Dr. David Nabarro, the WHO’s Special Envoy on COVID-19, told Spectator UK’s Andrew Neil last week that politicians have been wrong in using lockdowns as the “primary control method” to combat COVID-19.

“Lockdowns just have one consequence that you must never ever belittle, and that is making poor people an awful lot poorer,” said Nabarro.

Dr. Michael Ryan, Director of the WHO’s Health Emergencies Programme, offered a similar sentiment.

“What we want to try to avoid – and sometimes it’s unavoidable and we accept that – but what we want to try and avoid is these massive lockdowns that are so punishing to communities, to society and to everything else,” said Dr. Ryan, speaking at a briefing in Geneva. 

These are stunning statements from an organization that has been a key authority and moral voice responsible for handling the global response to the pandemic.

Cues from the WHO have underpinned each and every national and local lockdown, threatening to push 150 million people into poverty by the end of the year.

As Nabarro stated, the vast majority of the people harmed by these lockdowns have been the worse off.

We all know people who have lost their businesses, lost work, and seen their life savings go up in smoke. That’s especially true for those who work in the service and hospitality industries, which have been decimated by lockdown policies.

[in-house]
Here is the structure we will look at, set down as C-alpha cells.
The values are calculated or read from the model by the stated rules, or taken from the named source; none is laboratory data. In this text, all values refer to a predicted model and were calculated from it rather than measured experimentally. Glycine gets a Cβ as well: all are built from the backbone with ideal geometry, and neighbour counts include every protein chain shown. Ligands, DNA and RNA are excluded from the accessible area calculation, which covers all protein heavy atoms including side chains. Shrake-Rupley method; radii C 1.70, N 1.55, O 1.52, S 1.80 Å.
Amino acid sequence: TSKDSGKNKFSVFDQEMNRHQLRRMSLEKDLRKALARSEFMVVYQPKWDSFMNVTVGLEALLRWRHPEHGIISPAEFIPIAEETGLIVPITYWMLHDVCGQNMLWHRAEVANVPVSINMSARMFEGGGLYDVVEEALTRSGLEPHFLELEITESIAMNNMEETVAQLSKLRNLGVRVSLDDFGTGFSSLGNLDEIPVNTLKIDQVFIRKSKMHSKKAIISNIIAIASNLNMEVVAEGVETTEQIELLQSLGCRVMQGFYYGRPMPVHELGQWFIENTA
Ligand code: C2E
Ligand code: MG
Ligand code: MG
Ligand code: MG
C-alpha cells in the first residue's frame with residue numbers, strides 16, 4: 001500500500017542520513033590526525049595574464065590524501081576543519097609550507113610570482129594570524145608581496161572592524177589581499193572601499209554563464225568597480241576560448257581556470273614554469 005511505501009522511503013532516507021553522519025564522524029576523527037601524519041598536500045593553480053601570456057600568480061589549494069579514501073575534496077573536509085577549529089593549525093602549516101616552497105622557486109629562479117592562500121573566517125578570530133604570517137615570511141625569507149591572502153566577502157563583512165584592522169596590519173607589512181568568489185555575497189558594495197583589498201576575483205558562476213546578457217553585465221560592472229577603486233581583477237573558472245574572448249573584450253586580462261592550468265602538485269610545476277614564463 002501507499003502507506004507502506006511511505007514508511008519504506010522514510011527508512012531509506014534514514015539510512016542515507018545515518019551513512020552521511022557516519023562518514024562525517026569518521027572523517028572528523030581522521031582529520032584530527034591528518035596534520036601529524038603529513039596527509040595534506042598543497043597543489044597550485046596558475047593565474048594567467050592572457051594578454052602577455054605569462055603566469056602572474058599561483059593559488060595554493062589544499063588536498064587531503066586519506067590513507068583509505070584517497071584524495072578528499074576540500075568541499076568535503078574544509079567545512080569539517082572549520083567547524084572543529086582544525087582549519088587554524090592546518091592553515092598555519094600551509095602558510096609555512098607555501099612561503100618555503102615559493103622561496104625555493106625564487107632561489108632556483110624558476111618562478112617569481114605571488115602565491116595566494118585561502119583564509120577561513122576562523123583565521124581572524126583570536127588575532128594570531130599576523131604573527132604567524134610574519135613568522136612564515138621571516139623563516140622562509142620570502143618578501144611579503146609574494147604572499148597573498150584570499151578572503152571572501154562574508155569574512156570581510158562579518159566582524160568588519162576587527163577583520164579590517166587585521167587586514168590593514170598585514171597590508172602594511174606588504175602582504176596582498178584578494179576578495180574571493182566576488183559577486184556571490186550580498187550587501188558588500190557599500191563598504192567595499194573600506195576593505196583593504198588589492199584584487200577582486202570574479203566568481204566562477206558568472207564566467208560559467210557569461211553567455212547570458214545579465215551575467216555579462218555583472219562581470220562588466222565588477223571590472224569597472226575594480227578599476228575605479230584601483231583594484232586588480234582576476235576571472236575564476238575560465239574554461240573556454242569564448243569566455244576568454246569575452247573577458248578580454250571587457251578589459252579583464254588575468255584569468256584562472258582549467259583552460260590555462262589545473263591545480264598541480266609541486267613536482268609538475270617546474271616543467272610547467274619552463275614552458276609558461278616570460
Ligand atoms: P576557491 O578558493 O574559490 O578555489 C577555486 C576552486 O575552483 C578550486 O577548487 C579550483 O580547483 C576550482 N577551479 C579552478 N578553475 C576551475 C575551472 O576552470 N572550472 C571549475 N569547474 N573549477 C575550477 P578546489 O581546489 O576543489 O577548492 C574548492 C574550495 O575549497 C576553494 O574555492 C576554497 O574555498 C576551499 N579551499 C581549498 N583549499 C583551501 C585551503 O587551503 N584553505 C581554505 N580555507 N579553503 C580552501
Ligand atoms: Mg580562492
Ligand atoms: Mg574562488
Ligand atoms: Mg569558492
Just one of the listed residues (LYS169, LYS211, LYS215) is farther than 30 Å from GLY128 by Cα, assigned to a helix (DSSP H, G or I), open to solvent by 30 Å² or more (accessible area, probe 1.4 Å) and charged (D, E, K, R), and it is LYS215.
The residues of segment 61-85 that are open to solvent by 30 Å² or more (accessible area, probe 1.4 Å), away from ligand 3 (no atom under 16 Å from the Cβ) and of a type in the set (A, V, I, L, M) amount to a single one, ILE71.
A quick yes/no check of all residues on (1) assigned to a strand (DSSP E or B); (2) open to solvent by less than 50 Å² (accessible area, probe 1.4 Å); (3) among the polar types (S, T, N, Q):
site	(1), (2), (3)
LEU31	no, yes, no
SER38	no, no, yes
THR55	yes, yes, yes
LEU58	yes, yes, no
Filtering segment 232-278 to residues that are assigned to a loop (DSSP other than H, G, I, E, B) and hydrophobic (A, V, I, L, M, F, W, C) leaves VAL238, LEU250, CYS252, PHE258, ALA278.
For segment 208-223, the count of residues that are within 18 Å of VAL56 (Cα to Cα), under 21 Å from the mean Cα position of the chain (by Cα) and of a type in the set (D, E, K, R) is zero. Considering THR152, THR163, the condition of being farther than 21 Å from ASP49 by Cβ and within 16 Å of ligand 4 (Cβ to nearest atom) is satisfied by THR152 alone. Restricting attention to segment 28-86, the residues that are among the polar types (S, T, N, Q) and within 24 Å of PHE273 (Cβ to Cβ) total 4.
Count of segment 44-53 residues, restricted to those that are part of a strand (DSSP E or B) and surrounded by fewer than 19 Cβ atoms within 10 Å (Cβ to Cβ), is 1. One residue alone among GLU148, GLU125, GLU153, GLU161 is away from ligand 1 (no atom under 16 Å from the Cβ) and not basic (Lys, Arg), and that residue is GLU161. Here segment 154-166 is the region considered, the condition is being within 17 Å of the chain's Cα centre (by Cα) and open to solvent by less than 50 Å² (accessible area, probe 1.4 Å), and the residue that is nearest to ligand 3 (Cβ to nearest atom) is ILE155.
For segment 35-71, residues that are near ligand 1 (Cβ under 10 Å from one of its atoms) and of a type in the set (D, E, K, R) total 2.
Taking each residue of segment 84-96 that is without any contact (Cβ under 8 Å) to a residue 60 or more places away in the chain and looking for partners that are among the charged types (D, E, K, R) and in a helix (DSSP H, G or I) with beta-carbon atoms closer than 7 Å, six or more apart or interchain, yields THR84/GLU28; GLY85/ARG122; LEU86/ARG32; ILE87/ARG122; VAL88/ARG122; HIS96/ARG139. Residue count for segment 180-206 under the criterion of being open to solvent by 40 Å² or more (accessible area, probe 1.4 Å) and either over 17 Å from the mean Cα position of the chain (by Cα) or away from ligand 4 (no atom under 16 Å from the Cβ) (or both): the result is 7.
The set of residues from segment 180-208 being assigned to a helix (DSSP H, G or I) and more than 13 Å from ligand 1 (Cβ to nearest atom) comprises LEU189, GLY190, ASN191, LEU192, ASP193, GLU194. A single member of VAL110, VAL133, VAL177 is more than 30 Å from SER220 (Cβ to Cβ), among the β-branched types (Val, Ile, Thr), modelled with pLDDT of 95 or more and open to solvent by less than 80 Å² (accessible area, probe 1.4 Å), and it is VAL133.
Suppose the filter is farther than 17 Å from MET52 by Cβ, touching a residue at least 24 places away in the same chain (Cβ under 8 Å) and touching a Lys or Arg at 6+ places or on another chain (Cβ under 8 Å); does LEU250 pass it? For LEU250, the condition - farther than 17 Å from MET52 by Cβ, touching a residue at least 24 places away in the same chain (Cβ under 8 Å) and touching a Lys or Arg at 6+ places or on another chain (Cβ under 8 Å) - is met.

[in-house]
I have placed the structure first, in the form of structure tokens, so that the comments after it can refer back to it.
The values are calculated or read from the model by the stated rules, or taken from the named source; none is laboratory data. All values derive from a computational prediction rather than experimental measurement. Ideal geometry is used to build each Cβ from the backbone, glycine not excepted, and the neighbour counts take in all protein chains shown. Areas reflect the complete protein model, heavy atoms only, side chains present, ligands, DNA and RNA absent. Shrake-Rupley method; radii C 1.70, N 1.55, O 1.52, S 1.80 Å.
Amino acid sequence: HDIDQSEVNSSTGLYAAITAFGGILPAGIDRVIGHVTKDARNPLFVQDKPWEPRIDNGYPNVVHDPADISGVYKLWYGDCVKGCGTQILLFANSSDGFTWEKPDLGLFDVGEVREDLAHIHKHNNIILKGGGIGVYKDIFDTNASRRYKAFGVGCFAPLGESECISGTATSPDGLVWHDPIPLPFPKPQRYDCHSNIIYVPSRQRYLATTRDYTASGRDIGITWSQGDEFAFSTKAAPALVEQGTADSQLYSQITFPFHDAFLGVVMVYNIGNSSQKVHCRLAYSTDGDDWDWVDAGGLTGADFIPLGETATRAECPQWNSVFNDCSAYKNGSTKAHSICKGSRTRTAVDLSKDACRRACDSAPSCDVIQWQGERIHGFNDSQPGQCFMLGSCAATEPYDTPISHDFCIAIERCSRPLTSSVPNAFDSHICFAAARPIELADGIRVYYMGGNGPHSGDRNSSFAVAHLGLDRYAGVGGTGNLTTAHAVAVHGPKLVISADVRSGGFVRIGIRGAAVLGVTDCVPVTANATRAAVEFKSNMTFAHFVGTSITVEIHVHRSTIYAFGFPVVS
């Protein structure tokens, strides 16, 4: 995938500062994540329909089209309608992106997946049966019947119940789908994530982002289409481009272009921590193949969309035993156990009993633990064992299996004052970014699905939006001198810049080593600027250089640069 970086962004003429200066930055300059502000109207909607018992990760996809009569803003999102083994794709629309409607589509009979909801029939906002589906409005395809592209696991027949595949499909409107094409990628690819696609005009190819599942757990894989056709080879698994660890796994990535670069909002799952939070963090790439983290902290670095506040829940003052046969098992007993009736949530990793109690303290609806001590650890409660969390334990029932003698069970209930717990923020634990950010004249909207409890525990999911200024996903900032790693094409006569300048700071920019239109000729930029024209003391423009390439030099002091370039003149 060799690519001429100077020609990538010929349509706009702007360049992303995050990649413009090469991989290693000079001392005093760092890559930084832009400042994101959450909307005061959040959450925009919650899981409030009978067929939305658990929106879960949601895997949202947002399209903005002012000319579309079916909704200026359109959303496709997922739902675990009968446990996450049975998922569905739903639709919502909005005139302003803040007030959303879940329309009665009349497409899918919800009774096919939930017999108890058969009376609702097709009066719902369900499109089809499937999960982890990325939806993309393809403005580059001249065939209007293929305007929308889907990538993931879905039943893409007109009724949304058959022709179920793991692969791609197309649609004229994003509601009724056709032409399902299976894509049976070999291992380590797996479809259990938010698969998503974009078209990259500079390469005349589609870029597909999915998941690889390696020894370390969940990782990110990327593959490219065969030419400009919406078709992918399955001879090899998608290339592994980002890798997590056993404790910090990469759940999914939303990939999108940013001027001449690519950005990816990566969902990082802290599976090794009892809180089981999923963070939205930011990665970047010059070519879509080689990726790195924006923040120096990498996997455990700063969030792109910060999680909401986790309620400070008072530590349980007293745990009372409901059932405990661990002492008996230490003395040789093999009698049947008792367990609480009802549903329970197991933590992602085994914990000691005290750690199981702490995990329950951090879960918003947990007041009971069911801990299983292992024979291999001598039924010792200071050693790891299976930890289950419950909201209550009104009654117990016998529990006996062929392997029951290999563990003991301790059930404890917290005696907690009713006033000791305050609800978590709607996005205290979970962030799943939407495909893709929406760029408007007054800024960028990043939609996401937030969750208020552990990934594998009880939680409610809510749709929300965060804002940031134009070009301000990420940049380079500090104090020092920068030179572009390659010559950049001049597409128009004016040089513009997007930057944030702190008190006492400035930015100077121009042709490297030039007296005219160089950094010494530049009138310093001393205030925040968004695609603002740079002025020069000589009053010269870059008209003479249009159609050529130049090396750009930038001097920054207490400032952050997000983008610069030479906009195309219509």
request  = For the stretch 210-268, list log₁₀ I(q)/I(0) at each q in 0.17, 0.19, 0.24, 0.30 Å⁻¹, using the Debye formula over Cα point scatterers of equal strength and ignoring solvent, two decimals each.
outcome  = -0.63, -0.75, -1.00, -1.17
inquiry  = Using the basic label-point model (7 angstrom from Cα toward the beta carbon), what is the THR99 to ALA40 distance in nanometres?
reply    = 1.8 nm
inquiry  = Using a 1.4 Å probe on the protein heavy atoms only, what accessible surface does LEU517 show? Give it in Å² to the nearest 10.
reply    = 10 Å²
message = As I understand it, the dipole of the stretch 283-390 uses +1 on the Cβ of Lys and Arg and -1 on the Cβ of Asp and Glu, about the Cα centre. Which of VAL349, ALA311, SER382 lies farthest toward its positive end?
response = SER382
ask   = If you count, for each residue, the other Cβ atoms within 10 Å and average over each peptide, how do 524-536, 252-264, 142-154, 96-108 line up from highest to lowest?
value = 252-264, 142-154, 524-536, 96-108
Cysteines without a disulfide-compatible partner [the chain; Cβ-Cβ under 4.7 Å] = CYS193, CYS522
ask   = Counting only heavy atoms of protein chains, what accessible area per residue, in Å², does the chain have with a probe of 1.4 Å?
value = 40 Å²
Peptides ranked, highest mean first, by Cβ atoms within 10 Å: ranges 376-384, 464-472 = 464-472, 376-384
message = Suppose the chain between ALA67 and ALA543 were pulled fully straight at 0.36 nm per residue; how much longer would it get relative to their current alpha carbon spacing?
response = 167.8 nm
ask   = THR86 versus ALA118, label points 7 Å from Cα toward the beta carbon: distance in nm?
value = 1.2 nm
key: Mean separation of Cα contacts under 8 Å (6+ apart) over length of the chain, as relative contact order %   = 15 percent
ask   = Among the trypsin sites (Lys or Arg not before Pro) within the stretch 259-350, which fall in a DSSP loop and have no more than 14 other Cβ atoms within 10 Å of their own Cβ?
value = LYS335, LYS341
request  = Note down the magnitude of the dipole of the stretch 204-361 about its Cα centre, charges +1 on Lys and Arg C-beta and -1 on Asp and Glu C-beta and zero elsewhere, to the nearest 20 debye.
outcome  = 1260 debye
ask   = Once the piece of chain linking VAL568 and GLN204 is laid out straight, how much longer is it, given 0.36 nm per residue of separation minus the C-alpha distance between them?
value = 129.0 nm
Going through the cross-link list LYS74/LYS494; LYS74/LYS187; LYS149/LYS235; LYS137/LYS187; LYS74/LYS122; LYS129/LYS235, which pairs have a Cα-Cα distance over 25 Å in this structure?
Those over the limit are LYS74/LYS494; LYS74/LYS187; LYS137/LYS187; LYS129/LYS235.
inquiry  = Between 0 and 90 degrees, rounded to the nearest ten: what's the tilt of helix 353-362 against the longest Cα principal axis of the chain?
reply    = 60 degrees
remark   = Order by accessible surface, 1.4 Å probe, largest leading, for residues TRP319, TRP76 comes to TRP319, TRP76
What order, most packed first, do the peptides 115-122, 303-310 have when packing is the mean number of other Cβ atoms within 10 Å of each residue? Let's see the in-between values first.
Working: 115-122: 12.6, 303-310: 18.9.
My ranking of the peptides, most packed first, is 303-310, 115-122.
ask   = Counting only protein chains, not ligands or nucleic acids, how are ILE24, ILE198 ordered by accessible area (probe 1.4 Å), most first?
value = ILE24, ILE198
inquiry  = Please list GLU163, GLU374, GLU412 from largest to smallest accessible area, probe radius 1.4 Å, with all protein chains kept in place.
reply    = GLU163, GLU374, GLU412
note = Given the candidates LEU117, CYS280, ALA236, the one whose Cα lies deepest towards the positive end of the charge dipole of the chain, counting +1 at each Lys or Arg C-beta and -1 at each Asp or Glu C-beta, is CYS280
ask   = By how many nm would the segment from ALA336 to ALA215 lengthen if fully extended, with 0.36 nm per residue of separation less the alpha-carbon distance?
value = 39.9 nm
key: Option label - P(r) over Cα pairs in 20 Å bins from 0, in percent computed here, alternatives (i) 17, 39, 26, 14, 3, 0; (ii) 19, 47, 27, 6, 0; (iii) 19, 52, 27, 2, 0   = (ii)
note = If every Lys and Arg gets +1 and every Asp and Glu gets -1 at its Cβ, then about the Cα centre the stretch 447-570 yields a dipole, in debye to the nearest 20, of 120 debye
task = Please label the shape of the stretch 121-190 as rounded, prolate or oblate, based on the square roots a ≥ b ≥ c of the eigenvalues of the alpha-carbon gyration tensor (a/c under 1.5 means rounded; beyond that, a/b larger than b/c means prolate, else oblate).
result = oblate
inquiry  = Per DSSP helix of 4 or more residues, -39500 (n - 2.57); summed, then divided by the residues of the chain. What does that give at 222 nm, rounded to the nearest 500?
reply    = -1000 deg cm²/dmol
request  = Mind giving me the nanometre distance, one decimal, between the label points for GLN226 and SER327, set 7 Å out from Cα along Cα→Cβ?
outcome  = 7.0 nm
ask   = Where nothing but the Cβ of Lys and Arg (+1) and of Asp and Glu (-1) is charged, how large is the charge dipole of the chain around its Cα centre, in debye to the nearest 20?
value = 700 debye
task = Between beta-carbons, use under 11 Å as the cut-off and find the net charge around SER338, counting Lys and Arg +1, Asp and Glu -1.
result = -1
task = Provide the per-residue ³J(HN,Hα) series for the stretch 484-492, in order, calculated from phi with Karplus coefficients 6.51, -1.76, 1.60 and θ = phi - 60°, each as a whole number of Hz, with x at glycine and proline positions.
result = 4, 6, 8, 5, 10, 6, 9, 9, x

And even as the WHO calls on nations to refrain from imposing lockdowns, many governments continue to use this strategy. Schools in many US states remain closed, bars and restaurants are off-limits, and large gatherings–apart from social justice protests–are condemned and shut down by force.

The effects of the prolonged lockdowns on young people are now becoming more clear. A recent study from Edinburgh University says keeping schools shut down will increase the number of deaths due to COVID-19. Added to that, the study says lockdowns “prolong the epidemic, in some cases resulting in more deaths long-term.”

If we want to avoid any more harm, we should immediately end these disastrous policies. Any fresh calls to impose lockdowns should now be viewed with the utmost skepticism.